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The future of Argentine Malbec

Argentine Malbec is memorable, gives immediate pleasure and is bringing new drinkers to wine. But how does the country build on this without making the same mistakes made by other varieties that became brands.

Argentina-Malbec-Picking

With global plantings of Malbec on the up, there has never been a more important time for Argentine producers to protect the image and strength of brand Malbec and reassert their status as the original “kings” of Malbec, as Trapiche’s Daniel Pi puts it.

Read on to find of out what opinion formers in the Argentine wine industry like Pi, Phil Crozier of Gaucho and Wines of Argentina head Alberto Arizu believe needs to be done in order to protect the strength of brand Malbec.

If you have a strong opinion on the subject then please leave a comment below or contact us via twitter @teamdb

For an in-depth analysis of the rise of “brand Malbec” and the risks it brings, please also see our recent magazine feature, Argentina: Old dog, new tricks.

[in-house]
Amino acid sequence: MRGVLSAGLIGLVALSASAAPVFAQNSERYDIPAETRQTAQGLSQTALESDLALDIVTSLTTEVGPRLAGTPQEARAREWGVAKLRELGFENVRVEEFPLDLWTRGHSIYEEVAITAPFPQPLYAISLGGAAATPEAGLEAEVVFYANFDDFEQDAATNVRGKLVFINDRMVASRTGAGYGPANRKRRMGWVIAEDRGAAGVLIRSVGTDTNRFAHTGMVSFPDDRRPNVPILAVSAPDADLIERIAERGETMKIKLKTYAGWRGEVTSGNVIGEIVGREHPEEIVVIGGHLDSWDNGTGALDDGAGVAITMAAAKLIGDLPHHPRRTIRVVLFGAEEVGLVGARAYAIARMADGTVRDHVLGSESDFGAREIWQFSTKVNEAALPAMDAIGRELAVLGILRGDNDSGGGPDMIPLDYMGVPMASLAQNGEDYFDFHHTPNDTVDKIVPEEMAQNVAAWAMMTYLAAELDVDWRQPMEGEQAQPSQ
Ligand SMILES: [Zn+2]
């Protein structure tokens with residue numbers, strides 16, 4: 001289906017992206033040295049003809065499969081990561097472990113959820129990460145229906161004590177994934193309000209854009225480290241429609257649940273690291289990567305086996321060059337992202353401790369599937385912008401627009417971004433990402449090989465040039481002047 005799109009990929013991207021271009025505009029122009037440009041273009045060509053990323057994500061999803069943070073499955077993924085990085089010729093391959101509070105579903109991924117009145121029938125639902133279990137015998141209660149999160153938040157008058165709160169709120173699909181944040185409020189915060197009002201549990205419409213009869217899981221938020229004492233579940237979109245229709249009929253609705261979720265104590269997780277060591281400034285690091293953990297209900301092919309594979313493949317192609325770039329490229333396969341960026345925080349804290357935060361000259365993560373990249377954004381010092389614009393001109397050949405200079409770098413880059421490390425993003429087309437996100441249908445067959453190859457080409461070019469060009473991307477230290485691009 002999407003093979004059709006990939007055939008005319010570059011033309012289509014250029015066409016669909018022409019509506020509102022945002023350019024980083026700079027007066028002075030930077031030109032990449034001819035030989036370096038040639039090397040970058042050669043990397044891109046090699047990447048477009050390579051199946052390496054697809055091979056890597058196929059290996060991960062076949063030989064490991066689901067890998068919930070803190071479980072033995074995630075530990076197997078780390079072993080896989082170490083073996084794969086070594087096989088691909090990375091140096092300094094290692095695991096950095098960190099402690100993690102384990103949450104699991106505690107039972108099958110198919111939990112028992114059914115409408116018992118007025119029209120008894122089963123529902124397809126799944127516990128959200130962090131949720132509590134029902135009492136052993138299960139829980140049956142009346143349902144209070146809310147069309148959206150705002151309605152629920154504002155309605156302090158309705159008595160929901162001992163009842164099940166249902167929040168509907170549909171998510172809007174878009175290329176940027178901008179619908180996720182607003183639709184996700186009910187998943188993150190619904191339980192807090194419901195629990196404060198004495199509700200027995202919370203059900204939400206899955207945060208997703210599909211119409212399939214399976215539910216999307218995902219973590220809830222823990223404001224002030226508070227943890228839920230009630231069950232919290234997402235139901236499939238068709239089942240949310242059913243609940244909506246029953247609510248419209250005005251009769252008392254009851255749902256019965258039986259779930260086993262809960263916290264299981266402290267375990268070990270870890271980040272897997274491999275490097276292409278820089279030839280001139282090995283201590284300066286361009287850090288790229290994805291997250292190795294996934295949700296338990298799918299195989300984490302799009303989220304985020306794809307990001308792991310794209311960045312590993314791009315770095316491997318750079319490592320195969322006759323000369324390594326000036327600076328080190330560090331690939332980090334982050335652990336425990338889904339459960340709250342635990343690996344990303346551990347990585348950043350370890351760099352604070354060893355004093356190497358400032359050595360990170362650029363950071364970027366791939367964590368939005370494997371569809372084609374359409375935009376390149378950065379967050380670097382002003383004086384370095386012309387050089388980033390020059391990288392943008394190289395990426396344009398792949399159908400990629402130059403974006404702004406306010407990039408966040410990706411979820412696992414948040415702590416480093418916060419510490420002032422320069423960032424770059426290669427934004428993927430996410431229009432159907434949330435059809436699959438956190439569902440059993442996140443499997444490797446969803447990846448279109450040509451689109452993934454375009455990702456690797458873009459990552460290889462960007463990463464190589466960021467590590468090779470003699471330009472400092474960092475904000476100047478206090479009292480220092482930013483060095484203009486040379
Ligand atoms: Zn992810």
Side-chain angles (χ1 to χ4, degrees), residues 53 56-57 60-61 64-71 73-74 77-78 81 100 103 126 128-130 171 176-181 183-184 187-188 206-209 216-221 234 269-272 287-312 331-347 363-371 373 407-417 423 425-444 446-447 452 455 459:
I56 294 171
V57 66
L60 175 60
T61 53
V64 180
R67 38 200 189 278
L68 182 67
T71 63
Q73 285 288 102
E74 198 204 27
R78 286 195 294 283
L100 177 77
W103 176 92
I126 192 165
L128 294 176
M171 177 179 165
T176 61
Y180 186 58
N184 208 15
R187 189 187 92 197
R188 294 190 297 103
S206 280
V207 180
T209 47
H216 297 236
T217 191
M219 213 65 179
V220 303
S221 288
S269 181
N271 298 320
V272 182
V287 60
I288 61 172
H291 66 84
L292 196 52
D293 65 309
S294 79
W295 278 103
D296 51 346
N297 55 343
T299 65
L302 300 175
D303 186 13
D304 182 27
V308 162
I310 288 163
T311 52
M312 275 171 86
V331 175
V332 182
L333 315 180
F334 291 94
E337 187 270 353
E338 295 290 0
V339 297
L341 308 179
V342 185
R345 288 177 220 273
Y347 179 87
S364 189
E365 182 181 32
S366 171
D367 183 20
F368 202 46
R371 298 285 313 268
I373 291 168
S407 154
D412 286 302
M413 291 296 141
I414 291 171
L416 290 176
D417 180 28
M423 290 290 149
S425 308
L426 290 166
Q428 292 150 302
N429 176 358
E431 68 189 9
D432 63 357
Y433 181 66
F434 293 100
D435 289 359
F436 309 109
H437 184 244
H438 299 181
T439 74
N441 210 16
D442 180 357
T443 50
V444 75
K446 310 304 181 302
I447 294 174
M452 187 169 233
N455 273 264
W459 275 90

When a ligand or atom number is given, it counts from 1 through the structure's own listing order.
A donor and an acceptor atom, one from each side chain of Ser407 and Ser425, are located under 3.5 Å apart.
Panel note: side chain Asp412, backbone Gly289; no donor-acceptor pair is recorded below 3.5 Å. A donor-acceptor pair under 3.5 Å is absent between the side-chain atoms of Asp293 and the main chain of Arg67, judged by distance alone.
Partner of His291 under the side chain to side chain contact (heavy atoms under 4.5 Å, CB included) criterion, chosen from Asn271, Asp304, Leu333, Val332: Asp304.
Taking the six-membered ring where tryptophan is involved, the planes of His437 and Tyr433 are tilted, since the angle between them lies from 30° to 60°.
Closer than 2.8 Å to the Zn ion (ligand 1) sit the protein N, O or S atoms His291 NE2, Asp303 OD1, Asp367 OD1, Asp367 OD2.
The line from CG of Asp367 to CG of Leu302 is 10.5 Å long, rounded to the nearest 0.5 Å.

Daniel Pi, chief winemaker, Trapiche

Daniel-Pi-TrapicheWith global Malbec plantings on the up, Pi believes it is more important than ever for Argentine winemakers to reinforce their status as the “kings” of Malbec. “With Chile having recently developed an interest in planting Malbec, I think everyone is going to try and jump on the bandwagon, but people will remember Argentina as the first,” he says, adding, “With our altitude and abundance of pre-phylloxera vines, Argentina has unique characteristics that allow Malbec to express its full potential.” Pi believes a focus on single vineyard Malbec will be key for Argentina to stand out from the crowd and highlight the quality of its offering.

“The next step for Argentina is to make terroir-driven Malbec that speaks of a specific plot. You can certainly get a sense of place from Malbec. The character of the grape changes from region to region, with Cafayate, San Juan and Mendoza all producing discernibly different styles,” he says. Pi has been making single vineyard Malbec since 2005, flagging up what he deems to be the best three microterroirs in Mendoza each year from the 90 sites Trapiche works with.